John Scott’s Werry/Francis Houses Make New Book

The sunlit spaces of a mid-century modern family home in Greytown, designed by the late architect John Scott, are captured in images by photographer Mary Gaudin.

Gaudin, a New Zealander who lives in the south of France, took the photos for new book Werry/Francis Houses, a photo-essay booklet she created with fellow New Zealander, London-based architect Giles Reid. Comprising 36 pages, it offers an intimate portrait of a property built by the renowned Hawke’s Bay architect in the 1970s.

Made up of a main house and an annexe, named Werry and Francis respectively, the North Island property riffs on traditional cottage architecture, with its pitched ceilings, white concrete masonry and timber beams.

Doors go up to the ceiling and it has low-ceilinged window seating areas which form retreat-like spaces offering views of the garden.

“It had an atmosphere,” explained Reid, who stumbled across the house while he was visiting the area a few years ago. “It was completely untouched and had been lovingly preserved.”

“It is made from humble materials, but it is intelligently designed. Time has been spent on the design and this appealed to me a lot.”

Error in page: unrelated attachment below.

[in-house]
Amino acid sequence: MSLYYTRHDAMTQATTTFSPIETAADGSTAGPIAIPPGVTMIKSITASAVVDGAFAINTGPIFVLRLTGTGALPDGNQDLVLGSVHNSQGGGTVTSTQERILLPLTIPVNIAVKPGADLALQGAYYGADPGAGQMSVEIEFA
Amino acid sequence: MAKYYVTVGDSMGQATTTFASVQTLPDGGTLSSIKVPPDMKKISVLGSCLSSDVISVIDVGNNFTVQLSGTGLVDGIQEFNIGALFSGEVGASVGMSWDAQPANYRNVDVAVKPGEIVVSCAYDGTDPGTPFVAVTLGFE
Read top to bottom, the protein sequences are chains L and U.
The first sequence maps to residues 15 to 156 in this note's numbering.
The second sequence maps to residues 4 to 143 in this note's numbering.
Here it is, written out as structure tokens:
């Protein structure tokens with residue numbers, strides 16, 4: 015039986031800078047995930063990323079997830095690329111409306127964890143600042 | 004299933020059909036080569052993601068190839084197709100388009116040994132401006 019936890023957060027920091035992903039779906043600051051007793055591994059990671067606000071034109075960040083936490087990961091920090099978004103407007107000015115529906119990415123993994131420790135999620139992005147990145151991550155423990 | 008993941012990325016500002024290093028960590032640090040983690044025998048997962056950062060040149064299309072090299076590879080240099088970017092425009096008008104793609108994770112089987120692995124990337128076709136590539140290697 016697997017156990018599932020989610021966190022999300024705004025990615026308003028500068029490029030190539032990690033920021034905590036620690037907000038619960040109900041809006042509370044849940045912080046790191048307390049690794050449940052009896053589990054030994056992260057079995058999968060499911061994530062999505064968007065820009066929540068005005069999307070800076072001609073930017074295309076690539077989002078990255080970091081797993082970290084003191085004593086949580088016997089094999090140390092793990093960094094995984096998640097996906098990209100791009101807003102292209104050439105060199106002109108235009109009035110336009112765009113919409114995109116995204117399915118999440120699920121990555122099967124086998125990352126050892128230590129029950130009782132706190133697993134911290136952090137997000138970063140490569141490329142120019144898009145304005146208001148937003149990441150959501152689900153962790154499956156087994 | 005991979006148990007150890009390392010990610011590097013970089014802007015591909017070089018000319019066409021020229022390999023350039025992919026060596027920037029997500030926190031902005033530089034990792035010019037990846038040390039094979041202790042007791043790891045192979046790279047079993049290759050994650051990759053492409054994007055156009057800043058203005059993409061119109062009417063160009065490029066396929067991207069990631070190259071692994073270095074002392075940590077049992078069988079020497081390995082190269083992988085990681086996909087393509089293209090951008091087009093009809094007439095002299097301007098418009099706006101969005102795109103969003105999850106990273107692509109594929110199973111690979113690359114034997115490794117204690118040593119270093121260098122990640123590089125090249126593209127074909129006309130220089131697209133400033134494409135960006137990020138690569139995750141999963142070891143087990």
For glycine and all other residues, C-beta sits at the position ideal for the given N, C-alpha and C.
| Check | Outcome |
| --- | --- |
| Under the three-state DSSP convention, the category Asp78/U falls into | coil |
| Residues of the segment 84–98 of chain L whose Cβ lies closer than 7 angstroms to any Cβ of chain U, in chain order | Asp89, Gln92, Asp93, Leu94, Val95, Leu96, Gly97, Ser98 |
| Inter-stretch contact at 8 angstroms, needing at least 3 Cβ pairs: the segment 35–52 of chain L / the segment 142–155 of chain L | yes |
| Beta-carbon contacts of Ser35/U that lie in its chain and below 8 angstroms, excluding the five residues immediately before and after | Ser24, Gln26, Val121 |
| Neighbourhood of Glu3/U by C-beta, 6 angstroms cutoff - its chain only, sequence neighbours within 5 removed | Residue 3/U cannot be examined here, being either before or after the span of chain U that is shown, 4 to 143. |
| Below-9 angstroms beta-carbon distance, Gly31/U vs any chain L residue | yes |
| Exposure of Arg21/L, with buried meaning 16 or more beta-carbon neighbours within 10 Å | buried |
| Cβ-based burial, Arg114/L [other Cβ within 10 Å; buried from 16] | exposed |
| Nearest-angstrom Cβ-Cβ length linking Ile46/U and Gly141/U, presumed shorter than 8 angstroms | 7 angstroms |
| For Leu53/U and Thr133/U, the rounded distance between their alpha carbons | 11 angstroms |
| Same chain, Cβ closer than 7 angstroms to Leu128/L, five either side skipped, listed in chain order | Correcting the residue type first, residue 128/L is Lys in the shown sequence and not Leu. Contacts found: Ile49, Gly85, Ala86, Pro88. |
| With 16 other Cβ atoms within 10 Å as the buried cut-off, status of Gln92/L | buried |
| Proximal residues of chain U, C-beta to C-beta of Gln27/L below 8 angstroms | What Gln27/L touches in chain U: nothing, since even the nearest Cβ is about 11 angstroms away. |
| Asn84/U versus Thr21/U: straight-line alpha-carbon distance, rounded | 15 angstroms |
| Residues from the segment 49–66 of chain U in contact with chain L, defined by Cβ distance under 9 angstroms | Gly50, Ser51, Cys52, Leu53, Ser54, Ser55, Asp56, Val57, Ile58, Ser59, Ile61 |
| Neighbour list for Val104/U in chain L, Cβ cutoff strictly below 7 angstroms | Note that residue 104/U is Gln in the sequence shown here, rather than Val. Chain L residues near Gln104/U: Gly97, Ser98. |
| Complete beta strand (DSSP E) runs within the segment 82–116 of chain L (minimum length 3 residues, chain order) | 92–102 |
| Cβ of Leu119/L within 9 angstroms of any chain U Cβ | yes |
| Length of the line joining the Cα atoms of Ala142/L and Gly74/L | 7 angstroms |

Although Scott’s most influential work is the Futuna Chapel in Wellington, most of his buildings are private homes located around the Hawke’s Bay area. “He was prolific and was known for creating robust, single houses,” Reid said.

“The booklet is a reflection, an interlude,” he added. “Scott spent a lot of time on his houses, it is nice thing to stop and look at.”

Original article by Claire Carponen, Dezeen, February 22, 2019.

Photo by Mary Gaudin.


Tags: Dezeen  Futuna Chapel  Giles Reid  John Scott  Mary Gaudin  Werry Francis Houses  

  • Stephen John Brockett - 11:33 am on March 7th, 2019
    I suggest a viewing of John Scott’s Havelock North design the Roman Catholic ,Our Lady of Lourdes church.Set on a delightful corner site ,intersected by a small stream, this religious structure incorporates some very interesting beam engineering supporting the roof.The whole building includes interesting use of materials light and sympathy with it’s Hawke’s Bay environment. A classic Scott.
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